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Qantas to pay $7.1m to underpaid employees

written by Adam Thorn | March 13, 2020

The Fair Work Ombudsman has ordered Qantas to backpay $7.1 million to 638 employees who were underpaid over eight years.

As well as the lost sums, staff affected will also be paid an extra $1,000 plus interest rate payments of 6 per cent above the cash rate, which totals $2 million.

However, the unusual ruling also identified that more than 80 per cent staff affected by miscalculations were overpaid, too.

A file image of Qantas aircraft at Sydney Airport. (Rob Finlayson)
A file image of Qantas aircraft at Sydney Airport. (Rob Finlayson)

Qantas said in a statement, “We sincerely apologise to all our employees caught up in this misclassification issue, especially to those who were underpaid as a result. We realise this type of conduct by companies doesn’t meet community expectations, and it doesn’t meet our own commitment to our people or compliance.”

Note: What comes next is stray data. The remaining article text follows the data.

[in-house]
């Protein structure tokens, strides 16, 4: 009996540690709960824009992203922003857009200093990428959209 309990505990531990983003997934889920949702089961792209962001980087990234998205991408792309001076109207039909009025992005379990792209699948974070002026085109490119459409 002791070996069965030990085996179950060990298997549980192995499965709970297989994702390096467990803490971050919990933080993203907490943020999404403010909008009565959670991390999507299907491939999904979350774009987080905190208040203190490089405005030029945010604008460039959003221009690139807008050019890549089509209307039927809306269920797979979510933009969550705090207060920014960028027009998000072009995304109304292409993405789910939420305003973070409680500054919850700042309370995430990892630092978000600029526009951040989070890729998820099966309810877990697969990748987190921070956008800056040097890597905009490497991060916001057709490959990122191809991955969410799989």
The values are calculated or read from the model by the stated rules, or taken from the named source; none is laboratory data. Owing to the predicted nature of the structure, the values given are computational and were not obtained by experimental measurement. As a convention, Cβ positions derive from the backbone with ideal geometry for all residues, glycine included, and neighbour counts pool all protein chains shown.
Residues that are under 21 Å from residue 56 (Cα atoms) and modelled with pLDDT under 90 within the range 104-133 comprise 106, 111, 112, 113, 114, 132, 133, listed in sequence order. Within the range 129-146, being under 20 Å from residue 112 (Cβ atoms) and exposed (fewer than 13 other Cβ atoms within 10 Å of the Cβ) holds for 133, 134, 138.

The Fair Work Ombudsman said those affected included head office staff in corporate and administration roles, for payments such as minimum wage, overtime, annual leave entitlements and superannuation.


The airline, which reported itself to the ombudsman after discovering the issues last year, will also pay the regulator a 5.5 per cent contrition payment and has been told to conduct an independent review to uncover if there were any additional underpayments. If so, the airline will face even harsher penalties.

Qantas responded by claiming the calculation issue meant that most staff (83 per cent) were overpaid their base rates and received bonuses they normally shouldn’t.

“Qantas will not recover money paid in excess of the agreement and has grandfathered current benefits (such as higher base salaries and bonuses) as well as adding entitlements required by the enterprise agreement, such as rostered days off,” the airline said.

“We take our obligations as an employer very seriously and have worked with the Australian Services Union and Fair Work Ombudsman to fix this.

“Since we first reported this issue in February last year, we’ve put a lot of resources into calculating the full impact, fixing it for those affected and putting systems in place to make sure it doesn’t happen again.”

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